|No. 13 of 10246|
Dating based on
Dateringen fremgår af akvarellen.
Information on recipient
Da der er tale om en tegning, som formentlig er blevet personligt overleveret, er der ingen udskrift. Tilskriften lyder, jf. det også i brevteksten gengivne: Til Jumf Sophie Probsthayn
Thorvaldsen sends a verse of poetry as a New Year’s greeting.
To Miss Sophie Propsthayn
As the brook among flowers winds
So the life winds among mere joys
And never hidden thorns wound you
Whatever spot your young foot steps on
1st January. 1795 B. Thorvaldsen
[Translated by Karen Husum]
The text appears as an inscription on the watercolour C821 and is part of its subject.
The drawing shows a barefoot young woman in an Empire gown offering flowers on a burning altar. On her right a naked putto is bringing her flowers in a basket, placed on its head. In the background there are some trees, and in the foreground to the left some flowers are reflected in a brook which winds its way into the background. The text is inscribed on the front of the altar. Thus the subject of the drawing agrees with the contents of the poem.
The drawing is a New Year’s greeting to Sophie Probsthayn. Thorvaldsen has probably not written the text himself (see the related article on Thorvaldsen’s spoken and written language) but rather made a drawing for a verse written by someone else. The watercolour shows many formal similarities with the New Year’s greeting Thorvaldsen wrote to Sophie Amalie Kurtzhals, Dep.19, which also illustrates a stanza from a poem.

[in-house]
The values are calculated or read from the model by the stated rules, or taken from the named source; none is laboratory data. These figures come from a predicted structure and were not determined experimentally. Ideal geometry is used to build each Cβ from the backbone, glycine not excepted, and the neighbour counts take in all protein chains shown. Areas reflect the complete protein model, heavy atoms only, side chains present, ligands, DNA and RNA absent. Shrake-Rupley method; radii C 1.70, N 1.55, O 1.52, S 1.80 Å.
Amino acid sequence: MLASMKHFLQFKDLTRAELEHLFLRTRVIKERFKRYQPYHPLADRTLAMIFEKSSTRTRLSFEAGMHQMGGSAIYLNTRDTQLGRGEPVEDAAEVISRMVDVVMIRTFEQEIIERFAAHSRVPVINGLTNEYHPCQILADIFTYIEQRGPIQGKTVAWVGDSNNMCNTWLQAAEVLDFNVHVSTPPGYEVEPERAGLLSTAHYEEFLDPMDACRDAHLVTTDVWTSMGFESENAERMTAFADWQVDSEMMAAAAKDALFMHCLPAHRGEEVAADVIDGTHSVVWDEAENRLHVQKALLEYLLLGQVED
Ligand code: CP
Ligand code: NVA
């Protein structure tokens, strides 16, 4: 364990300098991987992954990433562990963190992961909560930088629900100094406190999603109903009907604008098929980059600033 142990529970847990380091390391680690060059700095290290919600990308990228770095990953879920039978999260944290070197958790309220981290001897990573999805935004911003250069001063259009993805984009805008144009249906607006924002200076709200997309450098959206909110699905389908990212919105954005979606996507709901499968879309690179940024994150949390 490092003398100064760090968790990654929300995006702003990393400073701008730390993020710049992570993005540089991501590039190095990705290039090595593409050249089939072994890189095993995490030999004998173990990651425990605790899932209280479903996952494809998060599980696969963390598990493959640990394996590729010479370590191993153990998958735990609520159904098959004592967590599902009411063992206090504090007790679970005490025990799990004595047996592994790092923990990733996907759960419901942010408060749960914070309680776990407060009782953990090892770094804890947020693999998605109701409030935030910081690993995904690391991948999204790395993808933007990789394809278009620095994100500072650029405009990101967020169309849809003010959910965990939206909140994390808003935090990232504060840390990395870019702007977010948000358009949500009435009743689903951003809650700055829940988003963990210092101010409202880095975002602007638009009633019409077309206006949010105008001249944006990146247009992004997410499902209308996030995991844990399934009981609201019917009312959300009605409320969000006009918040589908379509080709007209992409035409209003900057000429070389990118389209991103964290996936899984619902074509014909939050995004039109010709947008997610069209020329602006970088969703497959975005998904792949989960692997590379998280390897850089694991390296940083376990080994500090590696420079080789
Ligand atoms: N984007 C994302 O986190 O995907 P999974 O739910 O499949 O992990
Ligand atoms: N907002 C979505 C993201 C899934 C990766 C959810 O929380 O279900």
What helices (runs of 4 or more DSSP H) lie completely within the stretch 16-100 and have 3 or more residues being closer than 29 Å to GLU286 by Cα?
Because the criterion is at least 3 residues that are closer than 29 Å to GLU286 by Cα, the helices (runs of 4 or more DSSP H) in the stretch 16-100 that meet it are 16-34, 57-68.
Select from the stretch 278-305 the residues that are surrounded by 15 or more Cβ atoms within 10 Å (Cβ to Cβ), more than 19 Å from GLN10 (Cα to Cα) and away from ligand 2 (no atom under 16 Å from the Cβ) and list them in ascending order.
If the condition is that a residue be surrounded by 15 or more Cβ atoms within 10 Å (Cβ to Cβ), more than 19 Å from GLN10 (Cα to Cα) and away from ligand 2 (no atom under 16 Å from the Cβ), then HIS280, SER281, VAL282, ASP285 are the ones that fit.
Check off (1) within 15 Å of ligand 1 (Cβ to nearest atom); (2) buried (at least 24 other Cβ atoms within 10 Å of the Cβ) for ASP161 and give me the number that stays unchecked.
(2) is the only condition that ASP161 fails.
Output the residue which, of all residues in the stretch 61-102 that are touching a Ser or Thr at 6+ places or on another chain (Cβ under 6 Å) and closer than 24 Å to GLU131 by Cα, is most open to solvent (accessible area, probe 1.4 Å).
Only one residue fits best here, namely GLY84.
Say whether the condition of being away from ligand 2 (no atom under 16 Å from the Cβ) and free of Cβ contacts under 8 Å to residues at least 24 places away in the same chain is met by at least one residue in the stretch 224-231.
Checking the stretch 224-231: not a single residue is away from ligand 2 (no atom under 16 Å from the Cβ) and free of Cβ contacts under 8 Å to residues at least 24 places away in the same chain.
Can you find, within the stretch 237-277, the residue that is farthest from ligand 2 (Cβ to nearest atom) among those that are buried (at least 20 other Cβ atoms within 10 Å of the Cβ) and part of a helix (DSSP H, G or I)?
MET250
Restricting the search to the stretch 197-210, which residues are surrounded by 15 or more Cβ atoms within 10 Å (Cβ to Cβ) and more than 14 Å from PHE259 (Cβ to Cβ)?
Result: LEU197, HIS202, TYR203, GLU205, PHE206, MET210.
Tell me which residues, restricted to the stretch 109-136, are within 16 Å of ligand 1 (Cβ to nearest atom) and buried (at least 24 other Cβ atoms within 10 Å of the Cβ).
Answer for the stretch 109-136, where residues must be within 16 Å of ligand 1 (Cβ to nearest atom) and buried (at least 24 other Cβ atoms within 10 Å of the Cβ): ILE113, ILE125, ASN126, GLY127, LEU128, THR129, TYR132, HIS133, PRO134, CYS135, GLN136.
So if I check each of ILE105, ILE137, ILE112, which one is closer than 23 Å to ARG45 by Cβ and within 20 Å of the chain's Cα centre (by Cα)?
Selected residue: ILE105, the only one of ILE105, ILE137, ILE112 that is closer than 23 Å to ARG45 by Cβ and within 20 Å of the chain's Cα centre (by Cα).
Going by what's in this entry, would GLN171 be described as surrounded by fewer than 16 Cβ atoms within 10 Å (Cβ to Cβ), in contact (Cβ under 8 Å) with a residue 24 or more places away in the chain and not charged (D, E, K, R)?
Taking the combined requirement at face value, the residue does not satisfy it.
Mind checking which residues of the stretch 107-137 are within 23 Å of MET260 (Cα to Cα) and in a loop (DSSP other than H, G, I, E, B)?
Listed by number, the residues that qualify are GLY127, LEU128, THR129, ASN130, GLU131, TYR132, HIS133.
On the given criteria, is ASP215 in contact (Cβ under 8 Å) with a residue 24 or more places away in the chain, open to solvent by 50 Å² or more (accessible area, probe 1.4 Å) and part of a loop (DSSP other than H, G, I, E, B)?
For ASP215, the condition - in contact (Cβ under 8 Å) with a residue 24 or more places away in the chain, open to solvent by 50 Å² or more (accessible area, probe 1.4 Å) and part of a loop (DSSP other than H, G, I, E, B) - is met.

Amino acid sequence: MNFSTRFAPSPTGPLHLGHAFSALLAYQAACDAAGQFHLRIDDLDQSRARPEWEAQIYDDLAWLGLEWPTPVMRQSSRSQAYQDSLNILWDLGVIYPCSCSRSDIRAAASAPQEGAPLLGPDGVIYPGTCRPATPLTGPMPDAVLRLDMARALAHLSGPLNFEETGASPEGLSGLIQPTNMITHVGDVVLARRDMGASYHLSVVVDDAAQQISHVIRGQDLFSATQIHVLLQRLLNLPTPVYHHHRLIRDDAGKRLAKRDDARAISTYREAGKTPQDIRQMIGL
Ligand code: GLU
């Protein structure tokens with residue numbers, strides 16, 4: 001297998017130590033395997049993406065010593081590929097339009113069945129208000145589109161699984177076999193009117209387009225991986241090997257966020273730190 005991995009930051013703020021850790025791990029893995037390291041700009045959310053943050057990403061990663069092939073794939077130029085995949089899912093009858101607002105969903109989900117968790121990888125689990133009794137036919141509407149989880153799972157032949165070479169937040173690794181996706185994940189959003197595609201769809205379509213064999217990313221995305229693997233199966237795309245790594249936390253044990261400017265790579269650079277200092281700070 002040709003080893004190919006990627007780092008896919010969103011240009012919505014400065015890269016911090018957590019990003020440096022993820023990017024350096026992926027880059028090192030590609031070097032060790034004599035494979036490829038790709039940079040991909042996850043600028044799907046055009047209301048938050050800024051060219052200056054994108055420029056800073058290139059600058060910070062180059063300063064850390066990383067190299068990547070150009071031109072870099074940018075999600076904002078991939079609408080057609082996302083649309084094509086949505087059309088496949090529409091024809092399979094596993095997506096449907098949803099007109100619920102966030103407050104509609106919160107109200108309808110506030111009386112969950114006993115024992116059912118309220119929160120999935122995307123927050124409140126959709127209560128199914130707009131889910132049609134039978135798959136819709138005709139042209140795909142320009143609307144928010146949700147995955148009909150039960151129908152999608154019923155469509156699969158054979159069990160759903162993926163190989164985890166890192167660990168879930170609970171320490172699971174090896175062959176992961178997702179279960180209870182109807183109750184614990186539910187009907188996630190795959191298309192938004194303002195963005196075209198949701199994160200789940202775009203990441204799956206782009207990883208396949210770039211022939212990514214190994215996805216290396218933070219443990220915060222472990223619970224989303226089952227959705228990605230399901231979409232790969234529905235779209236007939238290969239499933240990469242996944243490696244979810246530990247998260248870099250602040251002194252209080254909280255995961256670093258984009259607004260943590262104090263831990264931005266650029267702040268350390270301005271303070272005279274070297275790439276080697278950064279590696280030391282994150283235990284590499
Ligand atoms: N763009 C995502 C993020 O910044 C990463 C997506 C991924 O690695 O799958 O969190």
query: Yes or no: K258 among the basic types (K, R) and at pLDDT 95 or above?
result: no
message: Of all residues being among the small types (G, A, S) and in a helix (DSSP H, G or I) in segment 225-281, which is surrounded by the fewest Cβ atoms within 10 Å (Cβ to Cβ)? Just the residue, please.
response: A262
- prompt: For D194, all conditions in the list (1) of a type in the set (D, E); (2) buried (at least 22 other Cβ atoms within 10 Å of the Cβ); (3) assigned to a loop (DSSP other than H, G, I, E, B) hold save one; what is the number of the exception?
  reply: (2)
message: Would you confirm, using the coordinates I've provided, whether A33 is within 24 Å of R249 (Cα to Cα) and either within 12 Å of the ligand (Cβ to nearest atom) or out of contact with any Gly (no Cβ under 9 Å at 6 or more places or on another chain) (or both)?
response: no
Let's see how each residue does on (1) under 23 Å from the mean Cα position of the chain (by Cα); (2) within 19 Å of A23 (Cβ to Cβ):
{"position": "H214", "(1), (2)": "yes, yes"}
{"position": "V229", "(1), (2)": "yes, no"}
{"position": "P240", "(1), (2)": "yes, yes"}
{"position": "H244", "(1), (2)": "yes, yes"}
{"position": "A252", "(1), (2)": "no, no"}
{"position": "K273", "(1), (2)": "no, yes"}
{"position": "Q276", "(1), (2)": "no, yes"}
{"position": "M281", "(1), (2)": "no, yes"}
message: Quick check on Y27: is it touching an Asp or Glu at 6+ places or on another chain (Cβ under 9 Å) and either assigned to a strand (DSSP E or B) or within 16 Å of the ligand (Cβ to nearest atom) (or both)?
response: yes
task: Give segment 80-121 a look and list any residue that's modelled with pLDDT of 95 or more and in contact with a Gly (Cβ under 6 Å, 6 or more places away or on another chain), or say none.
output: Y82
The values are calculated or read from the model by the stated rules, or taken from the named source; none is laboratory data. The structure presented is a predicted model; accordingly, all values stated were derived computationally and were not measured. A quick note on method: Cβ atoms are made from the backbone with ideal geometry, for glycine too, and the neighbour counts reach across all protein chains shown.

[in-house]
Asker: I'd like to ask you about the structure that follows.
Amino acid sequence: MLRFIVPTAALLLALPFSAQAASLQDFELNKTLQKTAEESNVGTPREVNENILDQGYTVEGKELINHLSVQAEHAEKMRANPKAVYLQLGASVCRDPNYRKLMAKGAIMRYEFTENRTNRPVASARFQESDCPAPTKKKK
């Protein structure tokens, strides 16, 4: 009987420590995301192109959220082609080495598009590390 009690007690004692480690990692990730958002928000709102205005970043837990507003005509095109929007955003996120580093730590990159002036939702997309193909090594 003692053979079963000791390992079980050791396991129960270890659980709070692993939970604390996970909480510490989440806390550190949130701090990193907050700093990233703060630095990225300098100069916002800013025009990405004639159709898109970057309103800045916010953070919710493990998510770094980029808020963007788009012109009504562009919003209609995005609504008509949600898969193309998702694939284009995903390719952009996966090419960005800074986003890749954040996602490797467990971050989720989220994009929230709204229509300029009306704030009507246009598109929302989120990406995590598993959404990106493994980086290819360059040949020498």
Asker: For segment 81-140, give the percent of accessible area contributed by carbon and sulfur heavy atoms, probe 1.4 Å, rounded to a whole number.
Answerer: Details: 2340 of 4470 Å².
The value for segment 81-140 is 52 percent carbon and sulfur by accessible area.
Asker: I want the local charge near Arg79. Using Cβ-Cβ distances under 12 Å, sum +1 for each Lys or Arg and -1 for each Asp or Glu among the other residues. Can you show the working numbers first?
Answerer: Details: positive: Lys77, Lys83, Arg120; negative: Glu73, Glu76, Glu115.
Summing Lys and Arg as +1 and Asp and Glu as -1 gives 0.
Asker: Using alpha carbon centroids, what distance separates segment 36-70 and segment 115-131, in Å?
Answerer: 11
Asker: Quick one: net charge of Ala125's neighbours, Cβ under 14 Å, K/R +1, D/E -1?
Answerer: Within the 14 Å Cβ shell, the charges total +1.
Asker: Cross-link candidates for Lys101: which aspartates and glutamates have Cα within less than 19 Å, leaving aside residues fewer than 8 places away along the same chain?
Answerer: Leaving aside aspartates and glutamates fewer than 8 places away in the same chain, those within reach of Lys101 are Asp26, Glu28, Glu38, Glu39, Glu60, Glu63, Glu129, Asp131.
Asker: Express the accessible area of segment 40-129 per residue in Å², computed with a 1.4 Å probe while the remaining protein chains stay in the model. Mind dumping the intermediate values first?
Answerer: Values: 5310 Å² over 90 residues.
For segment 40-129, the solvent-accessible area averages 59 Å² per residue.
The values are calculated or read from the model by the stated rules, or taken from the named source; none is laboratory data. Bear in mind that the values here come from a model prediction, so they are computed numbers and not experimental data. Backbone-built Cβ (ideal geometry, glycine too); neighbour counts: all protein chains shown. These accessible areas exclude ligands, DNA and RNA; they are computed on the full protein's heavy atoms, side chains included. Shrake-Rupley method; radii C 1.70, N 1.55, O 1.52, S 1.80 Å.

It is not known what relationship Thorvaldsen had with Sophie Probsthayn. She was the younger sister of the painter Carl Probsthayn (see Dansk Demografisk Database, census of Copenhagen 1787 under Carl Propstein (his household and Sophia). He was a friend of Thorvaldsen’s youth, who, like Thorvaldsen himself, C.D. Fritzsch and Heinrich Grosch, was a member of a “drawing academy”.
|Ikke omtalt hos Thiele.|
|Drawings, Allegories · Drawings, Painterly Executed · Thorvaldsen's Women · Thorvaldsen's Spoken and Written Language · Friends of Thorvaldsen's Youth|